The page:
I remember when I was a wee tad, I’d watch Mom do what she called ‘putting on her war paint’. The procedure began with her applying this beige-brown goop all over her face. Ladies call it ‘foundation’ now but back then, I think they called it ‘spackle’.
After laying the base, Mom would put some lipstick on, then apply a dab to her cheekbones and rub it in to get a rosy complexion. I don’t recall her ever applying eye shadow or mascara but she still ended up looking like the most beautiful woman in the world, at least until I met Cupcake. (Slick, eh?)
I was always mystified why women would want to laboriously apply makeup. Is it some secret women’s code, (like the man’s code but doesn’t get paid as much)? Is it because they enjoy admiring themselves in the mirror as they slather on product? Women spend about $2 billion on makeup annually in North America, despite the reality if they stopped wearing makeup, men would still want to be around them.
I was thinking about makeup recently because of the role I am playing in the Calmar Prairie Players annual spring production. This year we are doing another world premier of a locally written play, “The Crimson Cap Ladies Catch a Con”. It is a sequel of last year’s well-received laugher, “The Crimson Cap Ladies Save the Day.”
I am playing a woman named Eunice in this production and I must say it’s been the most emotionally difficult role I’ve ever taken on. In order to get into character I start by being hyper-critical of my looks, then I become filled with self-doubt and turn on the seat warmer in the car on the way to rehearsal, to simulate hot flashes.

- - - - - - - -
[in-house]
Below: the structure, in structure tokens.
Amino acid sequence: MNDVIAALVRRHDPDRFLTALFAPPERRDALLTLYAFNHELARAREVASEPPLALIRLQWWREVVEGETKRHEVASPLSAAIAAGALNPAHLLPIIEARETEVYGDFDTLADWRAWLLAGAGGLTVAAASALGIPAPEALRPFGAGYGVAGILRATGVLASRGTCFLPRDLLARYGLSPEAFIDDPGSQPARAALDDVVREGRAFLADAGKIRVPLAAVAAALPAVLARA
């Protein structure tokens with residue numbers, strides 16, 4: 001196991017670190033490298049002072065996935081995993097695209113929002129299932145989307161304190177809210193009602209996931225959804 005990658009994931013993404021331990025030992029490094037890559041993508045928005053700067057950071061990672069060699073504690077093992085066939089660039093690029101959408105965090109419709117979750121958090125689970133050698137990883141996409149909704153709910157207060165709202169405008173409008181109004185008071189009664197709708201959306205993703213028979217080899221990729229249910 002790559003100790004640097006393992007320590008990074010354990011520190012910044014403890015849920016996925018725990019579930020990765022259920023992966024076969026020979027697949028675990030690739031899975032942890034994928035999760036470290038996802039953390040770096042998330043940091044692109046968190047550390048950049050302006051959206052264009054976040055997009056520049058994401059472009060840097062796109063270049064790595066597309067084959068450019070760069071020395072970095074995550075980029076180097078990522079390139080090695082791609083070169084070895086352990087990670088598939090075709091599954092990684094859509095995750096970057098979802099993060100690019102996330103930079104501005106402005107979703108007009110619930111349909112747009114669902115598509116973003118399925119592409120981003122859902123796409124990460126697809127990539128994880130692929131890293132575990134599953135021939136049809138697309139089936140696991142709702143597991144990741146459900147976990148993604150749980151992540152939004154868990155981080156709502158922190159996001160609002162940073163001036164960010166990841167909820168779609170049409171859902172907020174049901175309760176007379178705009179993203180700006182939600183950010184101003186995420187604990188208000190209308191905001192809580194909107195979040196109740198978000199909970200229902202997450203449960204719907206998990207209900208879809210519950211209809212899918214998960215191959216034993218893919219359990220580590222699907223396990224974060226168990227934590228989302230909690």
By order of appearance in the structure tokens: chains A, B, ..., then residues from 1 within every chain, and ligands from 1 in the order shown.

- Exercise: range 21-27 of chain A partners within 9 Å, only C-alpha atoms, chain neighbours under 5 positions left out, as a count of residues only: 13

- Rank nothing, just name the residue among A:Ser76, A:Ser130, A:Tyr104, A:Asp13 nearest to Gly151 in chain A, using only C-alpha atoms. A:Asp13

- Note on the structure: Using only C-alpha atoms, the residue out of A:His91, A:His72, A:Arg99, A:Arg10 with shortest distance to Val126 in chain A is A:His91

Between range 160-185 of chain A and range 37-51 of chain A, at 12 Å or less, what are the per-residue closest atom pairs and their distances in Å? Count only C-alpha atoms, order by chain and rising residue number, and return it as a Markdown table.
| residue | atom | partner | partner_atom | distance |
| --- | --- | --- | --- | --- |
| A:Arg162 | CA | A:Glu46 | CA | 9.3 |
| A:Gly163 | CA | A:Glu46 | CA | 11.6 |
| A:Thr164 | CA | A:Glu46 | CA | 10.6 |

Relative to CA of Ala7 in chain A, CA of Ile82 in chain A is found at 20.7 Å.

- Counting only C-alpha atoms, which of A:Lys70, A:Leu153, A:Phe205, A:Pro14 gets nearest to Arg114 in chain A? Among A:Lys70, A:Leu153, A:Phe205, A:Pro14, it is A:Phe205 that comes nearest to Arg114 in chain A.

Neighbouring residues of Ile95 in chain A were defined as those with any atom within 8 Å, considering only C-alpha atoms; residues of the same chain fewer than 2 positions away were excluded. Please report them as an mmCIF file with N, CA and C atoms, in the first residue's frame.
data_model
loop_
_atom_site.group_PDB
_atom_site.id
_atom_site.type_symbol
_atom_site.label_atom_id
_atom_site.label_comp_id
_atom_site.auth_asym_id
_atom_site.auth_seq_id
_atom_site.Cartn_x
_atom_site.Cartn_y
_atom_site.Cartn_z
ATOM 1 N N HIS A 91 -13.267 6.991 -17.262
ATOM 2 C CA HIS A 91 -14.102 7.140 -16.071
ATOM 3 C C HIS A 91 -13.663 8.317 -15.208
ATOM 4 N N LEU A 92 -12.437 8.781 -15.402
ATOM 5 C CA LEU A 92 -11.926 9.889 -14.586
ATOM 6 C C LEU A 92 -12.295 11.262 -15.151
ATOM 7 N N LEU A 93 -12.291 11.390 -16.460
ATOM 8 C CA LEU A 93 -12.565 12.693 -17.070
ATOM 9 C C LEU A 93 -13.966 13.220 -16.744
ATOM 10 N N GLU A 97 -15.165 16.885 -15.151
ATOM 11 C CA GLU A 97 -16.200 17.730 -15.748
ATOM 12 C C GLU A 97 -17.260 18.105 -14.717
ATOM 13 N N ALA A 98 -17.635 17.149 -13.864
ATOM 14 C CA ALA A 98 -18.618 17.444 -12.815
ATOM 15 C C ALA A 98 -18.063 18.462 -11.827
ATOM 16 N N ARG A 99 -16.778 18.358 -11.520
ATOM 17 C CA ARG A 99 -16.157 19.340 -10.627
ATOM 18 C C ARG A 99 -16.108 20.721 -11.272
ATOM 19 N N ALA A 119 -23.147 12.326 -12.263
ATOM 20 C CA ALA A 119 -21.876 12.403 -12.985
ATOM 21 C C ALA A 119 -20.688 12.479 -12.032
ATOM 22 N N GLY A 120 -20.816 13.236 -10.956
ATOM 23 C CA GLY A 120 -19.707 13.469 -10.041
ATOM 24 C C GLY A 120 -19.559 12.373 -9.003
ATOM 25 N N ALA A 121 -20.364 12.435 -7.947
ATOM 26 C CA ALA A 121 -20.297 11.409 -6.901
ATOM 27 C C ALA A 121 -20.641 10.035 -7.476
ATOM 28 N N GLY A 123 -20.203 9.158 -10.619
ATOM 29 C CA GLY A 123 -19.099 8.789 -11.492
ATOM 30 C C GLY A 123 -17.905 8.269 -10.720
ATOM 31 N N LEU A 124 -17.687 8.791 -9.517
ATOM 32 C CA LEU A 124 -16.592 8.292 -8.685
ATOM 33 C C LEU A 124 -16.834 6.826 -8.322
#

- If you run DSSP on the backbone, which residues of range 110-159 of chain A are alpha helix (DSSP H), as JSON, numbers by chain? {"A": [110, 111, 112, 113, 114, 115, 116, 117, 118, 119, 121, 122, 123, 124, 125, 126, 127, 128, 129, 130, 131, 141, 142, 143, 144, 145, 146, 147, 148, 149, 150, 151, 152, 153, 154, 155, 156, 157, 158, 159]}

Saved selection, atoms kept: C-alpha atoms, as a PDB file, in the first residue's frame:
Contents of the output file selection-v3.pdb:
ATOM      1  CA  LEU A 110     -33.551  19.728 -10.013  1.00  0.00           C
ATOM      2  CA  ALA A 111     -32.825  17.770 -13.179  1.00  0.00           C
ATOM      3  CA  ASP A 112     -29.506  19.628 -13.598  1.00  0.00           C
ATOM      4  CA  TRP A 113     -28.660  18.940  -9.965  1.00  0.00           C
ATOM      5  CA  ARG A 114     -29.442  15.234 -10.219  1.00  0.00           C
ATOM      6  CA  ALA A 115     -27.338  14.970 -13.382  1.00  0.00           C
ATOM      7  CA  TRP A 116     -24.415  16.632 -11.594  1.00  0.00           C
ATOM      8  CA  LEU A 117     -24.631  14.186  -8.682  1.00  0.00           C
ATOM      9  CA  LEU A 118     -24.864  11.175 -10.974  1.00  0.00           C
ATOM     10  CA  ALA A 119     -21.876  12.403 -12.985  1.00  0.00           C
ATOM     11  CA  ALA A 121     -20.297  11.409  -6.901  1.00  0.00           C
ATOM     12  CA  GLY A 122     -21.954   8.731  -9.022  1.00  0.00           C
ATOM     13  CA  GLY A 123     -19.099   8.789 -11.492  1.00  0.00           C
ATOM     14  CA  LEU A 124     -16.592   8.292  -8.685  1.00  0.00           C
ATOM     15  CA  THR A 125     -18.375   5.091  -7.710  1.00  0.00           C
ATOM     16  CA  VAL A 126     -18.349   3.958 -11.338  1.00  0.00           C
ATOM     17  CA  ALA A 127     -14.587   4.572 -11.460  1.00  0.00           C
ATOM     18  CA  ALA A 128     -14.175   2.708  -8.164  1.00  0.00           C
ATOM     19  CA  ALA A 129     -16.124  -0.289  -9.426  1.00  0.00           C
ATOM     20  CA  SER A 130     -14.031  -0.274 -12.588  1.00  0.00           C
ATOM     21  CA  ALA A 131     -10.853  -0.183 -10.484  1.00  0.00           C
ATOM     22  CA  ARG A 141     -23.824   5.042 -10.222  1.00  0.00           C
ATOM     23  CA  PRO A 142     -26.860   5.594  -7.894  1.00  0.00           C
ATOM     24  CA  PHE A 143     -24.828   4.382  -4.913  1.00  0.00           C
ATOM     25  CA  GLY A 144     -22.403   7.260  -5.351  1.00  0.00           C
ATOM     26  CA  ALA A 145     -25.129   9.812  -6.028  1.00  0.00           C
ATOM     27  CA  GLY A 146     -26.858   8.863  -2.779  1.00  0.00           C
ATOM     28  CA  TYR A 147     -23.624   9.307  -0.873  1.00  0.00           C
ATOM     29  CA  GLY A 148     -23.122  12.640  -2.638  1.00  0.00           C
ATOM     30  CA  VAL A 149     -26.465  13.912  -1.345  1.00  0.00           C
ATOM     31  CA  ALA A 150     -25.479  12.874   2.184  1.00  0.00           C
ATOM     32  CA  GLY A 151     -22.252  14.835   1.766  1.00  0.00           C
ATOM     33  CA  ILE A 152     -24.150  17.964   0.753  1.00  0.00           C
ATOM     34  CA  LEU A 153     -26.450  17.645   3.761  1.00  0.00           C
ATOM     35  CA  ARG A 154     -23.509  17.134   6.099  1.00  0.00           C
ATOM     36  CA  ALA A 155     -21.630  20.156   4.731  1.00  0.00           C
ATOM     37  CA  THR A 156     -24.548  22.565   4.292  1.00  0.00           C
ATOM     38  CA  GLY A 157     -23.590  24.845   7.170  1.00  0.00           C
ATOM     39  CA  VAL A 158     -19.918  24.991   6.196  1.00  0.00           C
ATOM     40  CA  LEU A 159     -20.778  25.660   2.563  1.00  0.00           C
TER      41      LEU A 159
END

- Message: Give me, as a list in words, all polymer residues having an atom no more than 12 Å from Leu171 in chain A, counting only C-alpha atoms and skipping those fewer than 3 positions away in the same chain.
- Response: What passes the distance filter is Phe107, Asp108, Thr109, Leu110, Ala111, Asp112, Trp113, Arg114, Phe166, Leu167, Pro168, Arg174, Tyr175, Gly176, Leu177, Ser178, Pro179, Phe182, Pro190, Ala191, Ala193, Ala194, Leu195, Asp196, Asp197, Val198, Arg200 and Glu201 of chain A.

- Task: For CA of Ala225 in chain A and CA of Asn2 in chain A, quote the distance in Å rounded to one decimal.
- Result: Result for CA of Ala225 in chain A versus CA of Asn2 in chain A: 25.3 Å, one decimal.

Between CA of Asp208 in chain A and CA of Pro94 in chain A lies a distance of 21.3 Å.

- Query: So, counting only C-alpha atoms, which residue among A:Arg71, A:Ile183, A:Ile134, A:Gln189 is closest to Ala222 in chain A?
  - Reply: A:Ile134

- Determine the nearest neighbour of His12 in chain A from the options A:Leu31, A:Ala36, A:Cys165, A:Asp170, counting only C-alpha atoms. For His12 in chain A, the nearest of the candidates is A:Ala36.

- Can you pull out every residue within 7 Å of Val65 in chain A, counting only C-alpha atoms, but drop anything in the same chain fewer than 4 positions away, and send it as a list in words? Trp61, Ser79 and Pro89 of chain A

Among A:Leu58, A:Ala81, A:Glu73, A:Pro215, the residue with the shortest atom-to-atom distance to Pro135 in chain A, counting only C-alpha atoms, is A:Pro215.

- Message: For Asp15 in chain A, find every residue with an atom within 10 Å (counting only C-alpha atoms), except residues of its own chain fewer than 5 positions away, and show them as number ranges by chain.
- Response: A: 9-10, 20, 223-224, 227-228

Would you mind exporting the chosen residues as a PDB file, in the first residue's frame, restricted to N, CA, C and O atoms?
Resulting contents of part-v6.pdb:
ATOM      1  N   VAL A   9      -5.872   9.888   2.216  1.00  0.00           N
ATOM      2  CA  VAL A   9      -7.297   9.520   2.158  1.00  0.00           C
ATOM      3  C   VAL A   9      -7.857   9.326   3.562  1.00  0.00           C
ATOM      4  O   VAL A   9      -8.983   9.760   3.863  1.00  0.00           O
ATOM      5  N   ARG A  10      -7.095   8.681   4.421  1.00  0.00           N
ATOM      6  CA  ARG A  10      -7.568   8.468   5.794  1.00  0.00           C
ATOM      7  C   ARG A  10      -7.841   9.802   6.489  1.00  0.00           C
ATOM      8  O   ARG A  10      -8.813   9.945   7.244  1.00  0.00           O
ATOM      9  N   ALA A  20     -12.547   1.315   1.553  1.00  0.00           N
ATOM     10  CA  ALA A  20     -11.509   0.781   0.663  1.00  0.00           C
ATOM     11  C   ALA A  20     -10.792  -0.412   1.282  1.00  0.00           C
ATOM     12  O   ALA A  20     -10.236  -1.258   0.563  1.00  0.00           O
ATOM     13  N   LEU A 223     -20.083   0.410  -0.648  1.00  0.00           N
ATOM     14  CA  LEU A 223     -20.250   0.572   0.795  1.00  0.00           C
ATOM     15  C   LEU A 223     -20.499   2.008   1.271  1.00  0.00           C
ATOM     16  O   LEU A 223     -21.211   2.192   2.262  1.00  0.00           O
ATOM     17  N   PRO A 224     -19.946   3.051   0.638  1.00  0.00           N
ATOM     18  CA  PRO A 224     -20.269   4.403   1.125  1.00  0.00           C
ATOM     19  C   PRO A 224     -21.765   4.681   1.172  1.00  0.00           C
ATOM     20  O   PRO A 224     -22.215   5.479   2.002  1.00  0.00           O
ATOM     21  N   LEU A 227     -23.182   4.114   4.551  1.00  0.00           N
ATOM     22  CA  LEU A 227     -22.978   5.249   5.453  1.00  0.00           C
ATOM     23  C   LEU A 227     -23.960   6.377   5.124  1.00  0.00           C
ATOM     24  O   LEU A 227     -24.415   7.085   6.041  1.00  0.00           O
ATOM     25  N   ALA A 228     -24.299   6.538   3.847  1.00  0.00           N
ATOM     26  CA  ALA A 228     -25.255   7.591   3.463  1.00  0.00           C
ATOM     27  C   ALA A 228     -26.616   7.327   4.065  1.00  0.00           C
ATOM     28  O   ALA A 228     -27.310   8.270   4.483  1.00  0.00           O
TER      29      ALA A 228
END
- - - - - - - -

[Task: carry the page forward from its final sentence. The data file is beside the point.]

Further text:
Cupcake is the director of the show and is far more critical of me than my cast-mates. I do everything wrong, from how I walk to how I hold a purse. I had no idea being a woman was this complicated. I thought it consisted mostly of snapping fingers and having males do your bidding, plus never having to buy another drink in a bar again. Apparently there’s more to it.
Our makeup lady for the play, Kelsey, who is also our stage manager, wanted to practice making me look female before the show. Last Friday was selected for the experiment. I was startled by the size of bag Kelsey felt she needed to haul all the concoctions and equipment needed to make me pretty. Well, pretty is a bit of a stretch. Actually, so is handsome. I certainly know which Dove door I will be selecting to walk through. It’s sad I aspire just to be average.
The first potion Kelsey applied was this stuff that all she needed was a dab smaller than a pea, which managed to cover my entire face, including my enormous, crevasse-like laugh lines. It made the other makeup stick better or some such, I think she said. Then came the foundation goop just like mother used to cake. Kelsey kneaded it in like my face was made of dough. I must have big pores. Then she opened a whole palette of powders that were to do the work of mom’s slash of lipstick on her cheek.
Throughout the ordeal, Kelsey explained what she was doing as if thinking I will apply it myself one day. I listened politely, having nothing else to do.
“You use the lightest shades at the top, just under your eyebrow and then work it steadily darker downward, except right close to your eye where we need to shade it really light to make your eyes look bigger,” she instructed. I suspect she’d given this same speech to young girls who were trying to learn the basics.
A giant soft brush was hauled out to add a layer of powder to the look. As she worked her magic, she seemed quite amused at her handiwork and a couple times I am sure I caught her stifling laughter with an unconvincing cough. I began to dread the outcome.
Finally, grinning with glee, she proclaimed me done. I went to inspect the result in our bathroom, (in private, in case I decided I needed a bit of a cry). I looked like the ugliest drag-queen I’d ever seen. I sighed mightily as I absorbed the image and cosmetic chemicals. I’d make a lousy woman.
(Please go to calmardramasociety.com for tickets to see the result in person.)